September 25, 2012 at 12:39 PM EDT
Consumer Confidence is Hopeful at Best


hope and prayer In my report, Consumer Stocks Face Dangerous Stopper, I wrote, “I am expecting the Conference Board's measure to mark improvement, so be at ease.” Today, the Conference Board reported its Consumer Confidence Index gained nine points in September on its way to an index mark of 70.3. The consumer mood tracked the rise in stocks through the month (SPDR S&P 500 (NYSE: SPY) up 3.7%), and probably likewise benefited from reassurance by the European Central Bank (ECB) and expectations for a dovish Federal Reserve action which later followed.

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Consumer Confidence Because the cutoff date for the survey was September 13, it only benefited ever so slightly from the Federal Open Market Committee (FOMC) monetary policy announcement and quantitative easing declaration. Still, it obviously benefited from the buildup of expectations for it through the month. Along with stocks, I believe it also has Mario Draghi and his creative and aggressive action, which I believe has effectively mitigated the European debt crisis (note, the economic crisis goes on), to thank. Of course, the mood of consumers is going to be less closely tied to the direct actions of the ECB at close proximity to those actions, and more responsive to the effects of those actions. It will more immediately be driven by the gains of capital markets and stocks, given the widespread ownership of them through retirement savings accounts.

“The whim of hope is represented here without a trace of tangible prosperity to anchor to.”

However, the consumer confidence gain, while hinged on the rise of forward looking equities and not on the employment situation or the pace of GDP, is superficial. The same superficiality applies for stock valuations in my opinion. You can see the consumer superficiality in the details of the report itself and in anecdotal data about the economy and corporate outlook. The Expectations Index, a measure of forward looking feelings for consumers, gained by 12.6 points on its way to a mark of 83.7. The whim of hope is represented here without a trace of tangible prosperity to anchor to.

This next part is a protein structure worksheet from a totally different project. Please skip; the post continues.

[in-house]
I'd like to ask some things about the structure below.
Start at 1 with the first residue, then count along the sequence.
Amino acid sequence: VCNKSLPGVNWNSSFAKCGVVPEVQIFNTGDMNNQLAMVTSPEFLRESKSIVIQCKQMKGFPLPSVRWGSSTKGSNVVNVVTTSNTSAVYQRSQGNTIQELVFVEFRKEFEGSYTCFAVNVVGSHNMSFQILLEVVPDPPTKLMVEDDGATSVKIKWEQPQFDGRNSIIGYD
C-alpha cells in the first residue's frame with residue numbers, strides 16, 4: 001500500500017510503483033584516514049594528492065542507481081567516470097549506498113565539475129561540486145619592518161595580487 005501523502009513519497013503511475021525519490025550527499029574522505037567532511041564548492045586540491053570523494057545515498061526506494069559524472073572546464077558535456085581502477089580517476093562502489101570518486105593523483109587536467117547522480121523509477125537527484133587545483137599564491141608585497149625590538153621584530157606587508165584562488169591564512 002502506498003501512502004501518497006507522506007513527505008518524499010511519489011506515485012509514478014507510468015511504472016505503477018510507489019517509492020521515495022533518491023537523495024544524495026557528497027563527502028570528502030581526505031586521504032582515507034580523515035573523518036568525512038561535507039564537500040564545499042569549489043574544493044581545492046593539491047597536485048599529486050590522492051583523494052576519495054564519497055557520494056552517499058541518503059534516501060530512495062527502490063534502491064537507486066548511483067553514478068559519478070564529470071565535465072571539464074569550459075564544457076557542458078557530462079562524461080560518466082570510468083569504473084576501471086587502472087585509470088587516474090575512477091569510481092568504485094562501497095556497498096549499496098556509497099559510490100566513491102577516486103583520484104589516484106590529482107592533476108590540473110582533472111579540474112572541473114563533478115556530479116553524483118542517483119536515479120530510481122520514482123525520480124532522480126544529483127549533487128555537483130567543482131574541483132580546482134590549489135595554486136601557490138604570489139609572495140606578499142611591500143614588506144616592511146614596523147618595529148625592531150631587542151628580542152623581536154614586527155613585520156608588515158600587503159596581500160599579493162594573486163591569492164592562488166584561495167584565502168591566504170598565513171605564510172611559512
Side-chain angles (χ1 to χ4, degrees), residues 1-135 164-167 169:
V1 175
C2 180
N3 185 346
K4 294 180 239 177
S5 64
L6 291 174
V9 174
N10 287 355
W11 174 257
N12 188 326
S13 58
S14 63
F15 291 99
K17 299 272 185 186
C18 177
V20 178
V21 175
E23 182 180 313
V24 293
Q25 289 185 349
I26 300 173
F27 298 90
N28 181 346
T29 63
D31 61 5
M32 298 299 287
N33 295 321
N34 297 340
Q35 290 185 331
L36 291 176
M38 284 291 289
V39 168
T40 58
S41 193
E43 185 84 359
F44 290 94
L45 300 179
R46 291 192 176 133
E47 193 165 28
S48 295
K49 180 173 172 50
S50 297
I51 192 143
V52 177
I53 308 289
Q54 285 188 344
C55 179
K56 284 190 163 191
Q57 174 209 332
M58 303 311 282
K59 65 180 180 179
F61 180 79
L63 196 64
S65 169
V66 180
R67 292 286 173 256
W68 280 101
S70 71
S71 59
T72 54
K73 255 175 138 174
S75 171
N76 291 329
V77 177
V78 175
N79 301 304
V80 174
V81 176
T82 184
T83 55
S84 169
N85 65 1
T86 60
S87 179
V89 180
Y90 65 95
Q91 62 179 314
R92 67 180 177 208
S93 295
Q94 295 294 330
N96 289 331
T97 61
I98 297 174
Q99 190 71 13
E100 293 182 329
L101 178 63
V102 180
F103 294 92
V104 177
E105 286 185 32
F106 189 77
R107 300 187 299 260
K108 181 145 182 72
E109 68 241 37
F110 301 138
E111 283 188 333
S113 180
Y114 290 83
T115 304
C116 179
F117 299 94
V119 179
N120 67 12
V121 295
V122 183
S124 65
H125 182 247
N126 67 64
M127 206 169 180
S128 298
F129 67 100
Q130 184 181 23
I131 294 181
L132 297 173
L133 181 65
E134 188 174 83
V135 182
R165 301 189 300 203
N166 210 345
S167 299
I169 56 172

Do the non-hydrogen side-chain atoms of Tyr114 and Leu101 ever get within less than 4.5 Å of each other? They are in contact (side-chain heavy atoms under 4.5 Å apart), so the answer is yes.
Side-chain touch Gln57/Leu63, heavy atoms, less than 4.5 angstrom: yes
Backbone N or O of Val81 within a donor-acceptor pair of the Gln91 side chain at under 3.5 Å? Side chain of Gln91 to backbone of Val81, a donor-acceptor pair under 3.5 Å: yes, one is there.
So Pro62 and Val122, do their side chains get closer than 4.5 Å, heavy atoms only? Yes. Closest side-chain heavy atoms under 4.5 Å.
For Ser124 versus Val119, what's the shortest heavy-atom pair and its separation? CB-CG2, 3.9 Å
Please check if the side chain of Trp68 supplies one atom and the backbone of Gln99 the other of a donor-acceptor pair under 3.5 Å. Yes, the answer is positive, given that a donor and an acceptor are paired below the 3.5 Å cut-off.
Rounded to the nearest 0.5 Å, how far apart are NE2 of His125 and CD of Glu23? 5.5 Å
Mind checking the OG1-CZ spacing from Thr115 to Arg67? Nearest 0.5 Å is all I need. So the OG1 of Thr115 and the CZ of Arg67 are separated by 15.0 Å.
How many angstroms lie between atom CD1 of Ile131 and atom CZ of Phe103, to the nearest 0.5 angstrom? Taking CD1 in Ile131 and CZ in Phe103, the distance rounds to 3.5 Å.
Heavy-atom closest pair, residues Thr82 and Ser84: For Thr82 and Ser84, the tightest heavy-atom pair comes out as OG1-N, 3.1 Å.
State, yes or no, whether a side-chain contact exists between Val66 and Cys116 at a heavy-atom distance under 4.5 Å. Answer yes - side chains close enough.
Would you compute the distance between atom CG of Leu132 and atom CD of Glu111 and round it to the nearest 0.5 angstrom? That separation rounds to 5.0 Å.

The Present Situation Index, which better reflects how things really are today among Americans, also gained, but by only 3.7 points to a still unimpressive level of 50.2. And when you look more deeply into where specific surveyed issues ranked and what little the “improvement” actually means, you understand how hopeful this index really is today.

Surveyed IssueLevelChange
Business Good 15.5% +0.2%
Business Bad 33.3% -1.0%
Jobs Plentiful 8.3% +1.1%
Jobs Hard to Get 39.9% -0.7%
Business to Improve 18.2% +1.5%
Business to Worsen 13.8% -3.8%
Expect More Jobs 18.5% +2.7%
Expect Less Jobs 18.5% -5.2%


In my view, consumers are less relevant respondents with regard to forward looking information. I think this is evident in the relatively lower overall response rate to the last four rows of the survey topics depicted above here. Also, they are nearly evenly divided on forward looking issues, and certainly less opinionated with regard to the outlook, which may simply reflect uncertainty. Uncertainty, in and of itself, is bad for equities, and probably to some lesser degree, also bad for consumer spending. Looking at the jobs and business questions for the present time, sentiment improved, but remains at absolutely poor levels.

Another report also issued today showed real consumer spending softening. The weekly chain store sales data reported by the International Council of Shopping Centers (ICSC) showed a week-to-week sales gain of just 0.6% in the period ending September 22nd, and that followed the prior week decline of 2.5%. Now these data may be holiday impacted, but the year-to-year change was also relatively unimpressive at +2.9% (last week it was +2.1%). The rate of growth barely edges inflation, with the latest Consumer Price Index showing price rise of 1.9% year-to-year in August, excluding food and energy price change. Redbook reported year-to-year chain store sales today up just 2.0%.

Anecdotal evidence among a significant number of companies shows a tighter competitive environment, as consumers selectively choose within perhaps saturated retail capacity. In tight economic conditions, if shopping activity loses robustness, then there will be less pie to share among competitors. For this reason, companies like J.C. Penney (NYSE: JCP) and Sears (Nasdaq: SHLD) are finding difficult times and resolving to profound change in operating strategy. For this reason, shoppers are gravitating towards lower cost value store options, driving market share gains for the likes of Wal-Mart (NYSE: WMT), eBay (Nasdaq: EBAY), Amazon.com (Nasdaq: AMZN) and Dollar Tree (Nasdaq: DLTR).

So, despite this latest consumer confidence swing, I suggest investors look toward more tangible evidence of consumer spending, like that seen in the chain store sales data. This Friday, an even better measure of the consumer mood will be reported. Look toward the Personal Income & Outlays data, and what it says about real consumer spending, excluding the impact of price change, for a better guide into the state of mind of American consumers.

Please see our disclosures at the Wall Street Greek website and author bio pages found there. This article and website in no way offers or represents financial or investment advice. Information is provided for entertainment purposes only.

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